Exempt Service for GST

Case Citation
Keeler v. The Queen (2013 TCC 28) [TCC] [CanLII]
A taxpayer’s services did not meet the requirements of being an exempt service under Part II of Schedule V of the Excise Tax Act. The act sets out specifics requirements and the the trauma therapy service simply didn’t met them.
[1] This appeal concerns whether trauma therapy services provided by the appellant, Lyn Williams‑Keeler, are exempt from goods and services tax (GST). Ms. Williams-Keeler has been assessed under the Excise Tax Act on the basis that the services are taxable except to the extent that they are covered by provincial health insurance.
Part II of Schedule V
Cases Cited
[13] The Excise Tax Act provides exempt status to a great many health care services listed in Part II of Schedule V. Services by trauma therapists are not listed specifically, but Ms. Williams‑Keeler submits that her services are encompassed by the following exemptions:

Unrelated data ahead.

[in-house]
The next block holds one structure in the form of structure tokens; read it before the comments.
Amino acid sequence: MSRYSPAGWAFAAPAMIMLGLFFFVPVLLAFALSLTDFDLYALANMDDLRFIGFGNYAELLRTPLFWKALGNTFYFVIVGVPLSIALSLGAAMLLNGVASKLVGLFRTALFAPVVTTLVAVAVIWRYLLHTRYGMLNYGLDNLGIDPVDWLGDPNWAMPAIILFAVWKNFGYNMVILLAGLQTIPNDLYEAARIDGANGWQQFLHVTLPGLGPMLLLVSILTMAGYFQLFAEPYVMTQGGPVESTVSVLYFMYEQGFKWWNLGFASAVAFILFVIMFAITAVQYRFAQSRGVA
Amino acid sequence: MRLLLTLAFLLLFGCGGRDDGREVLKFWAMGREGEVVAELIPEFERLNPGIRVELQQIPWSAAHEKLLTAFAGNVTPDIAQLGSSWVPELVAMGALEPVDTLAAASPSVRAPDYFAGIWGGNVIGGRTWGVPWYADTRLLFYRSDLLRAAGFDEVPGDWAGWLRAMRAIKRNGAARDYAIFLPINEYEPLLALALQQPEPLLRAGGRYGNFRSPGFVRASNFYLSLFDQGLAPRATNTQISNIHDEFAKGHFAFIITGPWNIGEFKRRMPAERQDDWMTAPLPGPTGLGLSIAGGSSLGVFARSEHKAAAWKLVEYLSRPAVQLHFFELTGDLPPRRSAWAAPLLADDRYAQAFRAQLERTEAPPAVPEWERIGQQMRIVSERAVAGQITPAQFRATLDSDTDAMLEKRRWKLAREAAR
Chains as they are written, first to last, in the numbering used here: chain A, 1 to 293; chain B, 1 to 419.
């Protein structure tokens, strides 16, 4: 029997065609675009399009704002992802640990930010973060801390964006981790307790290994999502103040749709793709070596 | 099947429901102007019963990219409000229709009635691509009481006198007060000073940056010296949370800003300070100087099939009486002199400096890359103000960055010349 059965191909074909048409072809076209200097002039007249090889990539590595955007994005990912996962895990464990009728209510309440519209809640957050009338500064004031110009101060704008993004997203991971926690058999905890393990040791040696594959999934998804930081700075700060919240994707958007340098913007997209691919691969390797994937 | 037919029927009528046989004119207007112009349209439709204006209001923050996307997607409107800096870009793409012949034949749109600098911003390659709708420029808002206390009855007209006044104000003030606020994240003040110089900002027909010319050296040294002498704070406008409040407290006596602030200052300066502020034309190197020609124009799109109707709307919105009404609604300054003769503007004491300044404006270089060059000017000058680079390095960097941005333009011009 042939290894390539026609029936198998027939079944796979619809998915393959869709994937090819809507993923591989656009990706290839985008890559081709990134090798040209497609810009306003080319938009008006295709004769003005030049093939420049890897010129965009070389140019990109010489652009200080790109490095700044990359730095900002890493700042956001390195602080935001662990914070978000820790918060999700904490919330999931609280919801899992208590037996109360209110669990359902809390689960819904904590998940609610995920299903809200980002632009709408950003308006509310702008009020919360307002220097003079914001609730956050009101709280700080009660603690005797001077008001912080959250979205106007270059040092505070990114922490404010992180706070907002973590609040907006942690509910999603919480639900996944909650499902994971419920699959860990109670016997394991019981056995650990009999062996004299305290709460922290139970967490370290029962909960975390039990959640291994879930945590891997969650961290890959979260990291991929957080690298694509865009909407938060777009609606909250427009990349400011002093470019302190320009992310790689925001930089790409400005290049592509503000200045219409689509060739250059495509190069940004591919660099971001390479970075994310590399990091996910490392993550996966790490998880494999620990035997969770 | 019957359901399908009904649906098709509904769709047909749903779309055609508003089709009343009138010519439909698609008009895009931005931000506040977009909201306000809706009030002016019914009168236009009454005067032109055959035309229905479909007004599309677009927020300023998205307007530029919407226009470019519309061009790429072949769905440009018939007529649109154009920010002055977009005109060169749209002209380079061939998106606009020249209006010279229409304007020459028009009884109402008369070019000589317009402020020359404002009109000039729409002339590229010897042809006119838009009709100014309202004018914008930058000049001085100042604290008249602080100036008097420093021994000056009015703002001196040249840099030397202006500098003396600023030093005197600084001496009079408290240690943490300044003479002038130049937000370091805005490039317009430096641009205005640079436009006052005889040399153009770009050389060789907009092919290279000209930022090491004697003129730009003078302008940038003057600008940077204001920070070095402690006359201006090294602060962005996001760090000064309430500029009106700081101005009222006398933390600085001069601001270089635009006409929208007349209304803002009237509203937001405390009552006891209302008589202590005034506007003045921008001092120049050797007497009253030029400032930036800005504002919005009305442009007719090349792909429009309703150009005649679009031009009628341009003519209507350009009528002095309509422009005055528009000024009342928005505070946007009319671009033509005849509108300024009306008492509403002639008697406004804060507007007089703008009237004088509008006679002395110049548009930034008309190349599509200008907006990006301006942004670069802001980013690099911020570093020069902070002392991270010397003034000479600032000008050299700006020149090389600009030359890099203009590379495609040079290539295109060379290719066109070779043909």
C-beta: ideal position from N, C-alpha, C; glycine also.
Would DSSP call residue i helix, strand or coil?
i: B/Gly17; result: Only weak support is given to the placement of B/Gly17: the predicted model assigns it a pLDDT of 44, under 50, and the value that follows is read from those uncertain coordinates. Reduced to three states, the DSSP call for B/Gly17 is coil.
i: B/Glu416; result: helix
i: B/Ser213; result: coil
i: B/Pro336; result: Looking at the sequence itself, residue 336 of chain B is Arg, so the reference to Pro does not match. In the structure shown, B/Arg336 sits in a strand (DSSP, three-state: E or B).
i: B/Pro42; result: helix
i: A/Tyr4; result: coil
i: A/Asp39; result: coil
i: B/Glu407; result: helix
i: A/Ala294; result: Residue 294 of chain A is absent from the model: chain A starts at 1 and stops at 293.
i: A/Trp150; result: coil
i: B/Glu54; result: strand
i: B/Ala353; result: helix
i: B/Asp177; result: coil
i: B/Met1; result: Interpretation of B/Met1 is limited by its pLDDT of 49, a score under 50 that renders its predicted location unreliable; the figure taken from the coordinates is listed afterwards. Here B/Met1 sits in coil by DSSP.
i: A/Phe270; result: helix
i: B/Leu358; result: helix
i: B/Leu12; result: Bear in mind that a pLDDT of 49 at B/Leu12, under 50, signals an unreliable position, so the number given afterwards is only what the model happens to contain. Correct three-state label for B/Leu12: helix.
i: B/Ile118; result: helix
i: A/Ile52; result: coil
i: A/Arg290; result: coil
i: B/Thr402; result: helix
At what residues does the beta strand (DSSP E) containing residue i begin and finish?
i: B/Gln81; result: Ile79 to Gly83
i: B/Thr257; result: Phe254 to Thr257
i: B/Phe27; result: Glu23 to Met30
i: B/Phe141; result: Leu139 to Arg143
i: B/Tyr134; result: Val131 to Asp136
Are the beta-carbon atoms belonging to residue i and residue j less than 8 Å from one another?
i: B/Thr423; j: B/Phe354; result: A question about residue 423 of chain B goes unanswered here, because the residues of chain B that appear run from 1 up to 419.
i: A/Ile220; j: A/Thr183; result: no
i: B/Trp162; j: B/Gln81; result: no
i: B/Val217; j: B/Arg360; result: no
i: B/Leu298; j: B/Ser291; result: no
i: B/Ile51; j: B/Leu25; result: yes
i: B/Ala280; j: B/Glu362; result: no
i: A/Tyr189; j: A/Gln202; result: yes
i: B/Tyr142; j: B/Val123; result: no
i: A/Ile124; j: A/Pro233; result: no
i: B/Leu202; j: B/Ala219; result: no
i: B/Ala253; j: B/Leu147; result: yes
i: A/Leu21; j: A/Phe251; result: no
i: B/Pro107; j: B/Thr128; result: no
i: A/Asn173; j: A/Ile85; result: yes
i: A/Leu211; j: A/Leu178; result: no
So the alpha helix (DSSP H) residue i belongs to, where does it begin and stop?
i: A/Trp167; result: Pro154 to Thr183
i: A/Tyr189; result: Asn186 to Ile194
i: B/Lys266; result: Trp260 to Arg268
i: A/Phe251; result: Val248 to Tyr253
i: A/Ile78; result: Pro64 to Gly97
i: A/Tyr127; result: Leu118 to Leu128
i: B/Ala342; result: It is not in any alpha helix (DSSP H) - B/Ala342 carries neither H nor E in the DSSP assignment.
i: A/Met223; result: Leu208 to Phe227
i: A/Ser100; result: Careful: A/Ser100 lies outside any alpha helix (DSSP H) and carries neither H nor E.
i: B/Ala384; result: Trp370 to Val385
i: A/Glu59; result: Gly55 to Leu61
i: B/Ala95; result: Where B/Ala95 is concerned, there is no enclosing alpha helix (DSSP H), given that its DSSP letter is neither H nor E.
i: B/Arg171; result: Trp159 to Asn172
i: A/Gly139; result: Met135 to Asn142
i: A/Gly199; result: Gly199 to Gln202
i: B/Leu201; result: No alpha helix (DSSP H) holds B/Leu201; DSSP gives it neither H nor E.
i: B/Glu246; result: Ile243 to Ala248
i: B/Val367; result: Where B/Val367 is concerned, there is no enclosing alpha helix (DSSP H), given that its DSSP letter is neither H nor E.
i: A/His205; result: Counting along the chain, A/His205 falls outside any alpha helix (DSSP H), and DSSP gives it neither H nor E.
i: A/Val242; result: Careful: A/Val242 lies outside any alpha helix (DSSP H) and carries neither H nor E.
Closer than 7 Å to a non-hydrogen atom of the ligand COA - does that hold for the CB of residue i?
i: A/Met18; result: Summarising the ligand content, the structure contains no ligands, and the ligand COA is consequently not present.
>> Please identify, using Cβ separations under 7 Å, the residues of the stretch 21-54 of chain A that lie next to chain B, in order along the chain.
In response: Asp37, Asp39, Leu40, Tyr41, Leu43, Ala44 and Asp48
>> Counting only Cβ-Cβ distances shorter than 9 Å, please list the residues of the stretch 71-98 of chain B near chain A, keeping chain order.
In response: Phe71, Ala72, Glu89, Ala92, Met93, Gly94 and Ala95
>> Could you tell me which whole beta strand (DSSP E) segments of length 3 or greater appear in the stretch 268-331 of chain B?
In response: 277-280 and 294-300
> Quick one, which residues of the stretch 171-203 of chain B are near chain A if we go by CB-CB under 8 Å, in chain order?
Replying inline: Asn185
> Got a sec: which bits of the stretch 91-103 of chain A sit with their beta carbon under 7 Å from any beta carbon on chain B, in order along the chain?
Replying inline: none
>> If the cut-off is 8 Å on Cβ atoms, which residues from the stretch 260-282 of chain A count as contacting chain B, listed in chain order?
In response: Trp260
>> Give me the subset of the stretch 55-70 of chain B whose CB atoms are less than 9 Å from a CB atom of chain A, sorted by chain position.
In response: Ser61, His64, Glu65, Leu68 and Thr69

(a) a supply by a medical practitioner (section 5);
(b) a supply by a practitioner of a psychological service (section 7(j)); and
(c) a supply of a health care service made on the order of a medical practitioner or practitioner (section 10).
[14] Despite the sympathetic circumstances of this appeal, I have concluded that the services provided by Ms. Williams‑Keeler are not encompassed by any of the above exemptions. My reasons follow.
[33] I would conclude that the exemptions relied on by Ms. Williams‑Keeler do not include the trauma therapy services that she provides. Although there may be good policy arguments in favour of exempting these services, this is a matter for Parliament and not the courts. The appeal will be dismissed.
A paragraph beginning with a number in square brackets is a direct quote from the case.

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